Creating a PDF: FMX and OS X in sweet harmony

[NB: this post was written in ignorance of the interface changes involved in the soon-to-be-released XE3. Unfortunately, these changes broke the hack outlined below. However, the demo linked to has been updated to work in both XE2 and XE3 RTM. I shan’t say more than that, since who knows what any XE3 update will bring, let alone XE4…]

In a previous post I walked through how to create a simple PDF viewer in Delphi XE2 using the OS X API. Recently, I got a follow up question about using the API to create a PDF, and more particularly, create a PDF by drawing to a FMX TCanvas.

In principle this shouldn’t be too hard to do, since OS X allows you to write a PDF using exactly the same drawing functions used to draw to the screen or a printer. In the jargon of the API, those functions work against a refrence to an arbirary ‘graphics context’ (CGContextRef), just like how the drawing functions of the Windows API work against a handle to an arbitrary ‘device context’ (HDC). And, just as a VCL TCanvas is essentially a wrapper round a native HDC, so a FMX/Mac TCanvas is essentially a wrapper round a native CGContextRef. All we need do, then, is create a standalone TCanvas and assign its Handle property appropriately. Simples!

Alas, but regular readers will know what comes next – the FMX TCanvas does not actually have a Handle property! As I’ve said many times previously on this blog, while the VCL is very friendly towards native interop, the flaming ape takes great offence at the very thought. (*) As before then, we need to find an ugly hack workaround.

If you look at the FMX source, you’ll find that a TCanvas can be initialised with either a TCustomCommonForm descendant, a TBitmap or a TPrinter. Unfortunately, the code in the last two cases could do with a bit of spring cleaning – it would seem bitmap and printer canvases need some special handling, but instead of TCanvas providing suitable callback opportunities, it performs that special handling itself. However, when a canvas is told to get its CGContextRef from a form, the Mac code at least makes no special assumptions. Even better, the mechanism by which a TCanvas gets the CGContextRef for a form is eminently hijackable, since the value is simply presented to the canvas by the form’s ContextHandle property… and this property is read/write with no setter method potentially getting in the way.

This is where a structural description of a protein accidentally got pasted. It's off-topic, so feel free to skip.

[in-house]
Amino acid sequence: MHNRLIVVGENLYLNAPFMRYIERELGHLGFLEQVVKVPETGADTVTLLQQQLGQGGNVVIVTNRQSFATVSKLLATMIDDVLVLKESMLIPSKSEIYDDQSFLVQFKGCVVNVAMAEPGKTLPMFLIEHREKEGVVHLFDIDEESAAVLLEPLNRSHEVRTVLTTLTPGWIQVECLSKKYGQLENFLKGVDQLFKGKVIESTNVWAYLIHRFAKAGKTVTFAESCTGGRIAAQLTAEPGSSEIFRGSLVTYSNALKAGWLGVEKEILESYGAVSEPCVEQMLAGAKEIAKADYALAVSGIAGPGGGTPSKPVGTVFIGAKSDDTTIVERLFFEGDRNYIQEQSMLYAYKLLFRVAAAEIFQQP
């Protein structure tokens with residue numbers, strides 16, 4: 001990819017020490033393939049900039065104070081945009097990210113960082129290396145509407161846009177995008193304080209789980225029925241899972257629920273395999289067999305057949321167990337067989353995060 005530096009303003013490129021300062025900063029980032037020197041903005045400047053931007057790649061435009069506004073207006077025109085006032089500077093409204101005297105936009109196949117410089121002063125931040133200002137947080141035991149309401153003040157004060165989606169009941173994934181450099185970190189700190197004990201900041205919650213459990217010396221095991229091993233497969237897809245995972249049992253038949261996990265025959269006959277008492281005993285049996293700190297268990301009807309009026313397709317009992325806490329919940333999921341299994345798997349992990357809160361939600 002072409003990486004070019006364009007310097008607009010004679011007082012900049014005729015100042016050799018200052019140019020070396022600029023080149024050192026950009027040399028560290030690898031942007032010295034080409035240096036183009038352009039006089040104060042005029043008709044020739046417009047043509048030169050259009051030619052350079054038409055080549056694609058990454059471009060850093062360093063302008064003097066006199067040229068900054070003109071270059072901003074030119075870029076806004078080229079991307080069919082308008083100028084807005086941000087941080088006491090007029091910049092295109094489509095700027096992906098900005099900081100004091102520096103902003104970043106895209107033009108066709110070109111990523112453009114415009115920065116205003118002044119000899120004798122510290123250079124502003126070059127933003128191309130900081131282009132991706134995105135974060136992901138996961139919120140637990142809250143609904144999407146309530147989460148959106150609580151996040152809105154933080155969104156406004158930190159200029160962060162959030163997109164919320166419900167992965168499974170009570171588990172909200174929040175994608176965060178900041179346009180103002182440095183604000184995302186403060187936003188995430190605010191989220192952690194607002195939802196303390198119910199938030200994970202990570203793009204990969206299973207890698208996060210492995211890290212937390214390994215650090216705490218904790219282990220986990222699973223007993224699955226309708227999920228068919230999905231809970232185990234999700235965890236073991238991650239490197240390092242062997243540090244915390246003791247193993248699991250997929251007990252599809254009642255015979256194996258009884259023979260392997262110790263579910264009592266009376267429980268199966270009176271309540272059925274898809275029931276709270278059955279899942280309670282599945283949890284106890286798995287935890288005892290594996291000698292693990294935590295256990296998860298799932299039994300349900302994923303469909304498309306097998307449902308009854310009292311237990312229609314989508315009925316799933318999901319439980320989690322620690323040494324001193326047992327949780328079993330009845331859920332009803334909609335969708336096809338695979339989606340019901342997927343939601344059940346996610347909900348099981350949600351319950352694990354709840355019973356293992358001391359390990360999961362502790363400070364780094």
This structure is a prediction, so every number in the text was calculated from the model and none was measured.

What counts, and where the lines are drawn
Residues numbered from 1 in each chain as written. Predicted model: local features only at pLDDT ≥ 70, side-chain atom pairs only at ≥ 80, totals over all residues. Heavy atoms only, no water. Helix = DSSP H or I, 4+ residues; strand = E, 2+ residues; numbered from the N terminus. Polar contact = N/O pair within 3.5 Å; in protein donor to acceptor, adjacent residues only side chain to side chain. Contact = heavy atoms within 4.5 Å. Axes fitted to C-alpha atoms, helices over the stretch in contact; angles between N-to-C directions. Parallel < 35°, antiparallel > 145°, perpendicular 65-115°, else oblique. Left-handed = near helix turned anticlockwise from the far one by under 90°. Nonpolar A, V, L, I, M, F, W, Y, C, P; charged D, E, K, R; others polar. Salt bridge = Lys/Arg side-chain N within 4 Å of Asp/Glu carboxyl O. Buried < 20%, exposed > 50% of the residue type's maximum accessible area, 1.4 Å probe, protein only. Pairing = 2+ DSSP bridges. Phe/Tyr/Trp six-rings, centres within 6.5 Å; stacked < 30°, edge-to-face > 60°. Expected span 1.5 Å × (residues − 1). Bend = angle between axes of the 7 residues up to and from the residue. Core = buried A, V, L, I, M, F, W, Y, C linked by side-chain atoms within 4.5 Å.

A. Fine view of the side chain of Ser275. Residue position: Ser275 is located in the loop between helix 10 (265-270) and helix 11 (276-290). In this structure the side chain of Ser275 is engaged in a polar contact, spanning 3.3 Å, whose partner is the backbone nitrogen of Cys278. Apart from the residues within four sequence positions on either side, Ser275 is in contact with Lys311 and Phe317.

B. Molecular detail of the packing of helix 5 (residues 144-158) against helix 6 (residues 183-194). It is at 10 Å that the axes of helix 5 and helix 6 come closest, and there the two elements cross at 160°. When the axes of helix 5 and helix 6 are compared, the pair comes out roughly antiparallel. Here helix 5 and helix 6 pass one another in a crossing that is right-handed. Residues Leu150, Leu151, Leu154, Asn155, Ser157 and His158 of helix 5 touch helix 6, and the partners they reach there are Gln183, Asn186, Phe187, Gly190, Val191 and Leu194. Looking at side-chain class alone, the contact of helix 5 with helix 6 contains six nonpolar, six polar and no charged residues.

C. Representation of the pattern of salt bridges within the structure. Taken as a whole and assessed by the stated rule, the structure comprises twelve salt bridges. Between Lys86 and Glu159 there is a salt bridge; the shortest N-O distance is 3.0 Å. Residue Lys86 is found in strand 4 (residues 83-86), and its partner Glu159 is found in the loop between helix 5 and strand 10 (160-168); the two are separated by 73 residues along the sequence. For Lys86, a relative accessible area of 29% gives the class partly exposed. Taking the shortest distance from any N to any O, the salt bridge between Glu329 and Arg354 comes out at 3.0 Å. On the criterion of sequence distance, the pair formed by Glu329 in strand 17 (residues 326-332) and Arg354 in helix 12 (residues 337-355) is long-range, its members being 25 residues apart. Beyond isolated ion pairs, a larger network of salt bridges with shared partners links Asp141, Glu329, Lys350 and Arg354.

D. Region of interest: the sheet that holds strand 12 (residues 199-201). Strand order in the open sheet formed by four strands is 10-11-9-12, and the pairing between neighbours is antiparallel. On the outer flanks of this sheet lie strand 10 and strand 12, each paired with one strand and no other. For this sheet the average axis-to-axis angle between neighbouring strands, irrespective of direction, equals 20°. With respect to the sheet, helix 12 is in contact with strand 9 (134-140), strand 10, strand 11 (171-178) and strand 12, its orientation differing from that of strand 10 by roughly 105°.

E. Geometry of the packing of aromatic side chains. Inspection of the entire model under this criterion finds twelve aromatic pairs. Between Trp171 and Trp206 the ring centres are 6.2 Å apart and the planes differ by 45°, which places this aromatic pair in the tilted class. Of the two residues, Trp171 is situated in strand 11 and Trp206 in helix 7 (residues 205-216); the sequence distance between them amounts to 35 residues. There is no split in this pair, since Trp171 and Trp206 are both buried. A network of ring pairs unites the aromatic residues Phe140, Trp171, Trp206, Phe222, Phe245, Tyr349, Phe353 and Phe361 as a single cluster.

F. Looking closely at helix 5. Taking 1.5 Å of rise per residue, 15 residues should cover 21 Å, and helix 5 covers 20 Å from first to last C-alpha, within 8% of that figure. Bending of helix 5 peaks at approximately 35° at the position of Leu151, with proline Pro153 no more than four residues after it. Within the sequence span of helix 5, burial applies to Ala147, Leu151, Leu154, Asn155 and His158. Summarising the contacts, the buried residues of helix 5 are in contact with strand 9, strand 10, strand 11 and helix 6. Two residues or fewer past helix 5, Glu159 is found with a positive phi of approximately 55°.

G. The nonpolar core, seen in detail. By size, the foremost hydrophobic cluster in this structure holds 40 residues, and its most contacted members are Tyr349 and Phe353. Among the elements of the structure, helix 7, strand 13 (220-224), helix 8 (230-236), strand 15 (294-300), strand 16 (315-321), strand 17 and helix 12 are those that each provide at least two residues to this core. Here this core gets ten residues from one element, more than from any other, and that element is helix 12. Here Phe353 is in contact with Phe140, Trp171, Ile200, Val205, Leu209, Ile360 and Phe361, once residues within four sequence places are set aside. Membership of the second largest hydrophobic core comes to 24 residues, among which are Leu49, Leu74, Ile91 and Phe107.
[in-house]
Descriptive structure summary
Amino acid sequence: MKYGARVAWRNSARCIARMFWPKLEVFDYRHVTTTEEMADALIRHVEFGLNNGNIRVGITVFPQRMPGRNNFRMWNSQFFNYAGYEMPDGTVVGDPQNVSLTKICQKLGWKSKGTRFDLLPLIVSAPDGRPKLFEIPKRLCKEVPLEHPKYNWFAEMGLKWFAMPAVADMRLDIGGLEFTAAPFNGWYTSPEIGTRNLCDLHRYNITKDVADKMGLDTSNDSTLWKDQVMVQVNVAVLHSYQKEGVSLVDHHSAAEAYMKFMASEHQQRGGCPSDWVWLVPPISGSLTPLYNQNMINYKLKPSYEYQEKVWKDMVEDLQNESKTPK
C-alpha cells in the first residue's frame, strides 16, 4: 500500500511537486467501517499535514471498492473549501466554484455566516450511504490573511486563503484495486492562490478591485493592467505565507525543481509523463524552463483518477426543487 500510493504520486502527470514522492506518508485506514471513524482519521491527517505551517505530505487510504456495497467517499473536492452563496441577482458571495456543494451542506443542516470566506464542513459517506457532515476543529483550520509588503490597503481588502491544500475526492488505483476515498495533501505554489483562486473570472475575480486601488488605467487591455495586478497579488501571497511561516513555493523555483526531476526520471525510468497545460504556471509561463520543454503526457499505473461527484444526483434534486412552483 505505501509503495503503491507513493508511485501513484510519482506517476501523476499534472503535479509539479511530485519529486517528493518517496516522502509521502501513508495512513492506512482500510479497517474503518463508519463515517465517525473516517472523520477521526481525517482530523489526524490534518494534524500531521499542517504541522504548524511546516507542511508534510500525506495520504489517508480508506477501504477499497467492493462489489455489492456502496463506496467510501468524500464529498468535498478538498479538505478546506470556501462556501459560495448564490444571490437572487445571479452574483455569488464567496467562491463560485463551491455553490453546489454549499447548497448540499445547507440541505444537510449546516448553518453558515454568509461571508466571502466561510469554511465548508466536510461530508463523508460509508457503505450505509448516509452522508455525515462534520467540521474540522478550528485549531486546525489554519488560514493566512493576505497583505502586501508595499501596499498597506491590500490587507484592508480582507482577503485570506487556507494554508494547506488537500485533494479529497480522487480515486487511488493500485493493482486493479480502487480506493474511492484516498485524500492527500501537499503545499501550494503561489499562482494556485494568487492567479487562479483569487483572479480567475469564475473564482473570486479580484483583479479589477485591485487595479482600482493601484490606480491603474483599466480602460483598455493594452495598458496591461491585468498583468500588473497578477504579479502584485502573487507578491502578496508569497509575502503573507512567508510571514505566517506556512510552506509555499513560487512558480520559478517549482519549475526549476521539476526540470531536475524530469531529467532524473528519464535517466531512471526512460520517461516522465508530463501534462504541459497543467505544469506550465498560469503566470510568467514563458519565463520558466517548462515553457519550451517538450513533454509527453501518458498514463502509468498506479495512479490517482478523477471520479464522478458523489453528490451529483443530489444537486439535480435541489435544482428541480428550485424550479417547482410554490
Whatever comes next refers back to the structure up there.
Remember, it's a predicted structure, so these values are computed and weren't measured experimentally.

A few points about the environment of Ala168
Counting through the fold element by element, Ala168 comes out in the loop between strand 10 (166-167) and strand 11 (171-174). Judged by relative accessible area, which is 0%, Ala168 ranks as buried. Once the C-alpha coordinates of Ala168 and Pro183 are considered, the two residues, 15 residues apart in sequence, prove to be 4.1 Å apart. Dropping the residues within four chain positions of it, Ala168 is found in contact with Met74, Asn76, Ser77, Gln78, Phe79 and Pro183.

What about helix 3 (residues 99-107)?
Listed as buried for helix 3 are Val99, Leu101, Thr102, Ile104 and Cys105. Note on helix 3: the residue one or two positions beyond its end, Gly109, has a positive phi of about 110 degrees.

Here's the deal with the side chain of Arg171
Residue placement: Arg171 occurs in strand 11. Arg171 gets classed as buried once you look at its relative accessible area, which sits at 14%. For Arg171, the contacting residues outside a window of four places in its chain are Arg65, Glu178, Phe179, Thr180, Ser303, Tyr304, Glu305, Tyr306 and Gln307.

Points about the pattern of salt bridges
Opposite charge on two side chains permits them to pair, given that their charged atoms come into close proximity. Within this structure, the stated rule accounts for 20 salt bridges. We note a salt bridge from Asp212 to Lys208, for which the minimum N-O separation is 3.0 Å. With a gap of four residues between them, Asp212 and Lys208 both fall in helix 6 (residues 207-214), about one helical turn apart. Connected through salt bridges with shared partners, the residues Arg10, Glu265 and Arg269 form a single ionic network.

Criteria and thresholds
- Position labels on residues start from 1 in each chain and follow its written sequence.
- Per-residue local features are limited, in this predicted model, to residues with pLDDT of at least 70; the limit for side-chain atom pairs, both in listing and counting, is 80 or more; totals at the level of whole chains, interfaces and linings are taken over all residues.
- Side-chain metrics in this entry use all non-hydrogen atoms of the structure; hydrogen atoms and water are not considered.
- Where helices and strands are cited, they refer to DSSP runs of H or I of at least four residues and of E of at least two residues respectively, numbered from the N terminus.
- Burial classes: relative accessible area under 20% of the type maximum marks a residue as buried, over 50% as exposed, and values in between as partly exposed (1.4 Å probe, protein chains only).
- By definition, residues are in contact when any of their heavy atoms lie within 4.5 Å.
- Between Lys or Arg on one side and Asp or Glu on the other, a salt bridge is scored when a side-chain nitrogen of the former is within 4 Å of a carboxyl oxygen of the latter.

Given this, it would appear we could do the following:

  • Create a PDF graphics context (the API function to call for this is either CGPDFContextCreateWithURL or CGPDFContextCreate).
  • Create a dummy form, and assign its ContextHandle property to the value just returned by CGPDFContextCreateXXX.
  • Instantiate a standalone TCanvas, passing its constructor a reference to the dummy form.
  • Draw to the canvas as normal.
  • Release the PDF context (CGContextRelease).

And indeed, this procedure does actually work.

Since the Core XXX API code on OS X can a be a little bit fiddly (is there any iFan out there who will defend CFRetain deliberately crashing when passed a nil pointer?), I’ve wrapped all the necessary code in a small unit, CCR.MacPDFWriter, that you can find on Google Code here. The unit exposes a TPDFWriter base class and two concrete descendants, TPDFFileWriter for writing straight to a new PDF file, and TInMemoryPDFWriter for writing to an internal memory block that you can subsquently read off either to a stream, a file, or a TBytes dynamic array. The two descendant classes wrap CGPDFContextCreateWithURL and CGPDFContextCreate respectively, though most of the code is in the base class.